Ross River virus (RRV) has been detected in mosquitoes at Thomsons Lake Nature Reserve in Beeliar prompting the City of Cockburn to issue a warning for residents to protect themselves against mosquito bites over coming months.
The virus was detected by the Department of Health in samples collected by the City’s Environmental Health team in June as part of its regular mosquito monitoring program.
While the multiple detections are the first in the City for 2021, the timing is unusual, as mosquito and mosquito-borne virus activity is often reduced in the winter months.
City of Cockburn Acting Environmental Health Manager Patricia Orr said the unseasonal virus activity was likely the result of high levels of rainfall, coupled with above average temperatures which created conditions that favoured mosquito breeding.
“The only way to prevent being infected with a mosquito-borne disease like Ross River virus is to avoid being bitten in the first place, because there is currently no vaccine or specific treatment for RRV,” Ms Orr said.
“People may not be thinking about protecting themselves from mosquitoes during our winter months but this is a timely reminder that we still need to be actively preventing mosquito bites.
“Mosquito management is being undertaken by the City in areas with a recognised risk of RRV activity, but it is not realistic to rely on mosquito management programs alone to control all mosquitoes.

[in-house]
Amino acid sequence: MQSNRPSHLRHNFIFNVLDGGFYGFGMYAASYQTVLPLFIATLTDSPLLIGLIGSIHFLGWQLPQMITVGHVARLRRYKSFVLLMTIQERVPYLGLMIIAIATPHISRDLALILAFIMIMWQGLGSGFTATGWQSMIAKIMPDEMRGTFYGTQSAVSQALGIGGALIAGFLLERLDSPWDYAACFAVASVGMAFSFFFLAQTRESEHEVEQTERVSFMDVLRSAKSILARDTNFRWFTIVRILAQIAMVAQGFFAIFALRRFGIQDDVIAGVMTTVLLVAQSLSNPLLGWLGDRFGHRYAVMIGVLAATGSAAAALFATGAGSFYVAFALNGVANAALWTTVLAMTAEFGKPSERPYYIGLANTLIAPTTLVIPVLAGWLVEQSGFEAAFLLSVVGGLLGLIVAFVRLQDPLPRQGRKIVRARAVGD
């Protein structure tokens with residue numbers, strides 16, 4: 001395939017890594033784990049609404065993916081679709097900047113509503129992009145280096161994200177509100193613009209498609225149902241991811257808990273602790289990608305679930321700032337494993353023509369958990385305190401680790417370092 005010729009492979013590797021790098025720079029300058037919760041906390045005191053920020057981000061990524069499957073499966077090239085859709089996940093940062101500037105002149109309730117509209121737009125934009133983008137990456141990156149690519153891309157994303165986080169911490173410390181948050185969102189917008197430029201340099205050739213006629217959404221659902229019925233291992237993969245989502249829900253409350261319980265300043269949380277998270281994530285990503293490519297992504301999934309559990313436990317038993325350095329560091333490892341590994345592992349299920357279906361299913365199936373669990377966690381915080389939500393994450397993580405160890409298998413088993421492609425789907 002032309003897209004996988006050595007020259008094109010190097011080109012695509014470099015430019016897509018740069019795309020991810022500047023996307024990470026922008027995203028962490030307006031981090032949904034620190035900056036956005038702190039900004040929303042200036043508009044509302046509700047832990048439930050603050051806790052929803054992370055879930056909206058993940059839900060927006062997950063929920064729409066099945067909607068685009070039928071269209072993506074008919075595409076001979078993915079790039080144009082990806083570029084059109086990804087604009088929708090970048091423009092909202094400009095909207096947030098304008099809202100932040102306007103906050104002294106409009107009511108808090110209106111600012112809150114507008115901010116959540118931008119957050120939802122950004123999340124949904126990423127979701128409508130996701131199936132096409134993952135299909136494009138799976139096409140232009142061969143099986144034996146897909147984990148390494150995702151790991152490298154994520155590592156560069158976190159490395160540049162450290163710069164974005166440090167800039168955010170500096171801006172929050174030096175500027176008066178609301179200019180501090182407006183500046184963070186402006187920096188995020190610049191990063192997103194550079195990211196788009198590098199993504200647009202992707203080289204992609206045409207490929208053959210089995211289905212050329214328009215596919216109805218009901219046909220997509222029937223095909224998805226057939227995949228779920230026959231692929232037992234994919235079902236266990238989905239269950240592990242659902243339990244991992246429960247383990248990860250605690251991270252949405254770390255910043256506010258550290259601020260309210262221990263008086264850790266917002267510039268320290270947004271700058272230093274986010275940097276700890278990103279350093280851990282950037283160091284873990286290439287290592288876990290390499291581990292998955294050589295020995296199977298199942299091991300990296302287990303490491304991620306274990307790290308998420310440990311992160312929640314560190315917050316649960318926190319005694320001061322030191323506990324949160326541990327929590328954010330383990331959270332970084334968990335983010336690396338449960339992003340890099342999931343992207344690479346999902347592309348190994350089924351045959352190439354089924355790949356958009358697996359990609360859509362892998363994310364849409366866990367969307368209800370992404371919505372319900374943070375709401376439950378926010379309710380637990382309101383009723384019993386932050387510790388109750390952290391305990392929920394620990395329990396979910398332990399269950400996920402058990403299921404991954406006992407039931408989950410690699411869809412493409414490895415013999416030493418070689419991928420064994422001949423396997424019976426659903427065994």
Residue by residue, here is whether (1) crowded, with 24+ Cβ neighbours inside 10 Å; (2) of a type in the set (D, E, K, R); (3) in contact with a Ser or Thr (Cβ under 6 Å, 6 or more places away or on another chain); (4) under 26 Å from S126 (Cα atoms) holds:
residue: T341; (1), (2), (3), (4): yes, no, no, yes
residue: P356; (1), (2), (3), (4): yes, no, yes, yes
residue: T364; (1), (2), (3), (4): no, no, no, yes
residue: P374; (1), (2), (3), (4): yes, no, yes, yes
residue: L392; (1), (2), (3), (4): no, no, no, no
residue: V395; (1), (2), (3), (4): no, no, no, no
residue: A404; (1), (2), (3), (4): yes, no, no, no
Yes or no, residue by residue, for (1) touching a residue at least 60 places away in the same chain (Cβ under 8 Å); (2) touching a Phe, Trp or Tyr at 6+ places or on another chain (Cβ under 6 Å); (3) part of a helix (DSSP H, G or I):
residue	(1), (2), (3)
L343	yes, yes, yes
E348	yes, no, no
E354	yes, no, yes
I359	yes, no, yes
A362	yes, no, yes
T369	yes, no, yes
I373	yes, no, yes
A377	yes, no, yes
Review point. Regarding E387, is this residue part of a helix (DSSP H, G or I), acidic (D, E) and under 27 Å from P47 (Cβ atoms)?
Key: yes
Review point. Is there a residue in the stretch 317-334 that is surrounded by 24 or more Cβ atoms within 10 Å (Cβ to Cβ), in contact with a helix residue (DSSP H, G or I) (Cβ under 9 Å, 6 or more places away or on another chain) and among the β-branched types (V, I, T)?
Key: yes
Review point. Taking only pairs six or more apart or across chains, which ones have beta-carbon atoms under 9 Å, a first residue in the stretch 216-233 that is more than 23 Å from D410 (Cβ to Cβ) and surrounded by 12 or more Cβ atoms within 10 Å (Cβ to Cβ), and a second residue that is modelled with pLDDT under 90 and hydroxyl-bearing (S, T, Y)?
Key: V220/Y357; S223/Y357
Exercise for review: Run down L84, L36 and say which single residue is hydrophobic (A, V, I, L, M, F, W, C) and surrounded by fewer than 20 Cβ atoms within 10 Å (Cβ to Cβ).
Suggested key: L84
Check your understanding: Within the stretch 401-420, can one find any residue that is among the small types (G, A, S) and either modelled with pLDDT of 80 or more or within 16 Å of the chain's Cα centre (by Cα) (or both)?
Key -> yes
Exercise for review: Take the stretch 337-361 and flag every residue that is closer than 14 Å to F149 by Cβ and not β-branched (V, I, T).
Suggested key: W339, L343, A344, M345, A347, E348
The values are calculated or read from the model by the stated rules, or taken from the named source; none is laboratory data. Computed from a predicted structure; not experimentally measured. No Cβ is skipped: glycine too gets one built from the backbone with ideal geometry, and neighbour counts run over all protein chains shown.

“People living in or travelling in the City need to take their own precautions to avoid mosquito bites.”
Symptoms of RRV can last for weeks to months, and include painful or swollen joints, sore muscles, skin rash, fever, fatigue and headaches.
The only way to diagnose the disease is by visiting your doctor and having a specific blood test.
Prevent mosquito bites with the following precautions:
outdoor exposure, particularly at dawn and early evening when mosquitoes are more likely to bite
· Cover up
with long, loose-fitting, light-coloured clothing when outdoors
by applying an effective personal repellent containing diethyltoluamide (DEET) or picaridin evenly to all areas of exposed skin and always follow the label instructions
water holding containers from around the home and garden to ensure mosquitoes do not breed in your own backyard, and
all household doors and windows, ensuring these screens are in good condition.
For more information about mosquito prevention visit the City’s website opens in a new window
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